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Monday, July 18, 2005

REAL ID Constitutional Challenge?

Newsday/AP:
"It's outrageous to pass this off on the states," said Republican Mike Huckabee of Arkansas, incoming chairman of the National Governors Association. "You're essentially asking the front-line clerks at the DMV to become an INS agent and a law enforcement agent."
and:
"This is going to drive the cost of driver's licenses for ordinary folks through the roof," said Democrat Tom Vilsack of Iowa. "I think it's going to drive people crazy."
and:
"It's a shortsighted, ill-conceived initiative," Richardson said. "We'll challenge it constitutionally."
I looked at the REAL ID bill, and I thought it would prevent a lot of people from getting a new license when they move to a state. You have to show proof of residence. Suppose you are living with someone else and don't have a utility bill, etc? Most banks won't open an account until you show them a license with a current address under that circumstance. I didn't see how that portion of the bill was going to help security, because people will end up keeping their old licenses in their states.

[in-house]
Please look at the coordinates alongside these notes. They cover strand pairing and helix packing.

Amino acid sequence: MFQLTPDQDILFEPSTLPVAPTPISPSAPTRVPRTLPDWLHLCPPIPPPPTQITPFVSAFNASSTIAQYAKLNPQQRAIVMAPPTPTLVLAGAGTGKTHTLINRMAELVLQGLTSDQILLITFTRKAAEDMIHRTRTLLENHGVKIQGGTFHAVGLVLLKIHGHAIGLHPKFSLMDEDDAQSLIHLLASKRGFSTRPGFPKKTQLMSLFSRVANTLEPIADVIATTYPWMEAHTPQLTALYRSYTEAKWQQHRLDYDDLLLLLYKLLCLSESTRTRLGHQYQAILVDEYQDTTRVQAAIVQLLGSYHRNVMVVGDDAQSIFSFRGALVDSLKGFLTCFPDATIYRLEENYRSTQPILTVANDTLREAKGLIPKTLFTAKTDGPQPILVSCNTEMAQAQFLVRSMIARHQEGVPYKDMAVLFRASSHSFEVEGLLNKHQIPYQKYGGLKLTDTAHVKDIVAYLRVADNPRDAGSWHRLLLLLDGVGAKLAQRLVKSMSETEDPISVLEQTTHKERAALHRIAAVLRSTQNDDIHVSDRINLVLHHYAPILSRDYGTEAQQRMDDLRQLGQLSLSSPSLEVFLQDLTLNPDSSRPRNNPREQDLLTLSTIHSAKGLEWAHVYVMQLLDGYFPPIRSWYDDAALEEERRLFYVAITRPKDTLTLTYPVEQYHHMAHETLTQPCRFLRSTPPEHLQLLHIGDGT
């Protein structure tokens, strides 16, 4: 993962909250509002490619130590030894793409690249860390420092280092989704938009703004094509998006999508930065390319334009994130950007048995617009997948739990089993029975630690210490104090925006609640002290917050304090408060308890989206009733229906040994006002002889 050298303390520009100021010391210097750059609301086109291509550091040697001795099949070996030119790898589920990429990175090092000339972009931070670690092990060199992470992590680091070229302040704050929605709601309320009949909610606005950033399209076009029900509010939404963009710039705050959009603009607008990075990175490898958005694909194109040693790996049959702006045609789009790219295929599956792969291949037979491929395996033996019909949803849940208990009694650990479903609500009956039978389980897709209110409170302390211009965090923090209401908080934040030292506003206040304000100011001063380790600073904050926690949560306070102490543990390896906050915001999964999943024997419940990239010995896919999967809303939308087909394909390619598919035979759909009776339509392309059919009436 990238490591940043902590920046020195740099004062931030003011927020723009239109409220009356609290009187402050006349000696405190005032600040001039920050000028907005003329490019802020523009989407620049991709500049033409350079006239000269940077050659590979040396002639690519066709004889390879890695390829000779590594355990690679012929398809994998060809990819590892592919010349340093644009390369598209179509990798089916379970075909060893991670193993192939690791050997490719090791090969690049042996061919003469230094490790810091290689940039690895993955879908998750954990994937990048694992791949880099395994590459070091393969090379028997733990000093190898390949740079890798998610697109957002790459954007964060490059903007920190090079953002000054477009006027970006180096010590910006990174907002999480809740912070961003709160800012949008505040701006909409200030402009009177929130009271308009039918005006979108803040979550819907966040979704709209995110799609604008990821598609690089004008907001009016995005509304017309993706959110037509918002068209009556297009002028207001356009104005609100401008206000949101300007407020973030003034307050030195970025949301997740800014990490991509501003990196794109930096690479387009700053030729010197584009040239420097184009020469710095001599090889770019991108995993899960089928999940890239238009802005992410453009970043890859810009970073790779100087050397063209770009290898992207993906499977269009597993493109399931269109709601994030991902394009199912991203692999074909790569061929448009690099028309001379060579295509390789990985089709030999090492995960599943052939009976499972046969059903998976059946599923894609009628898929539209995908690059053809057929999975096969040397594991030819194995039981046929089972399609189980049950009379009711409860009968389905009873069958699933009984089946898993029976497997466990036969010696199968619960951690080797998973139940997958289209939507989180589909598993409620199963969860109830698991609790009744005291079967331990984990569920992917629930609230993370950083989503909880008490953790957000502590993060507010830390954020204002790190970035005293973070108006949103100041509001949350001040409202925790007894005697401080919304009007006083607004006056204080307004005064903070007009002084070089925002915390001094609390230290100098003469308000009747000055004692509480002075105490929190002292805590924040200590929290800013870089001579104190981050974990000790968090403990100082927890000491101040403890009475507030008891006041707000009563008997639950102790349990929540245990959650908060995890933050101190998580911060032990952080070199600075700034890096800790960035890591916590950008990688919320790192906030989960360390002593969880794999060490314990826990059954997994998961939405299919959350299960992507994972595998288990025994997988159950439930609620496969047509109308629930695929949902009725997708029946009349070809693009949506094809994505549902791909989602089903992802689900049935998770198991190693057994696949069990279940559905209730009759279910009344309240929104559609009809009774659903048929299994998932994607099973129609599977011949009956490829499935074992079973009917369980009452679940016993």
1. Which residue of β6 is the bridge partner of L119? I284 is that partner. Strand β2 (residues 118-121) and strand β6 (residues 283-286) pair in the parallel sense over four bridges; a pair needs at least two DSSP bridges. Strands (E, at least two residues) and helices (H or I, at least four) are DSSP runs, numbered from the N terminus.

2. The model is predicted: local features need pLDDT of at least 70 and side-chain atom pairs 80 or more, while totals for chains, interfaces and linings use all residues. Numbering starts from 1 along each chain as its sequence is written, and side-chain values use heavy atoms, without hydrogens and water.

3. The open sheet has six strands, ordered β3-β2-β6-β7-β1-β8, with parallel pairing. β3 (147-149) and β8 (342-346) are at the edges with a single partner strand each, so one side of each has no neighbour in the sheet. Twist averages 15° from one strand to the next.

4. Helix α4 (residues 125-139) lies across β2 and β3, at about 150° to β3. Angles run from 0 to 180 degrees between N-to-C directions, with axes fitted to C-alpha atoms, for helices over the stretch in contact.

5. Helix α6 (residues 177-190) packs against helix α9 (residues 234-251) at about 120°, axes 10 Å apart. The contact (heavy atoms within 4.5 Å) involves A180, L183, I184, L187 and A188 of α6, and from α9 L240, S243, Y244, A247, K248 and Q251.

However, the bill says only that people holding licenses from states who don't meet the requirements will not be able to use them for federal identification purposes, so I think it will slide through a constitutional challenge.
This is what you have to include on the license:
(b) Minimum Document Requirements- To meet the requirements of this section, a State shall include, at a minimum, the following information and features on each driver's license and identification card issued to a person by the State:

(1) The person's full legal name.

(2) The person's date of birth.

(3) The person's gender.

(4) The person's driver's license or identification card number.

(5) A digital photograph of the person.

(6) The person's address of principle residence.

(7) The person's signature.

(8) Physical security features designed to prevent tampering, counterfeiting, or duplication of the document for fraudulent purposes.

(9) A common machine-readable technology, with defined minimum data elements.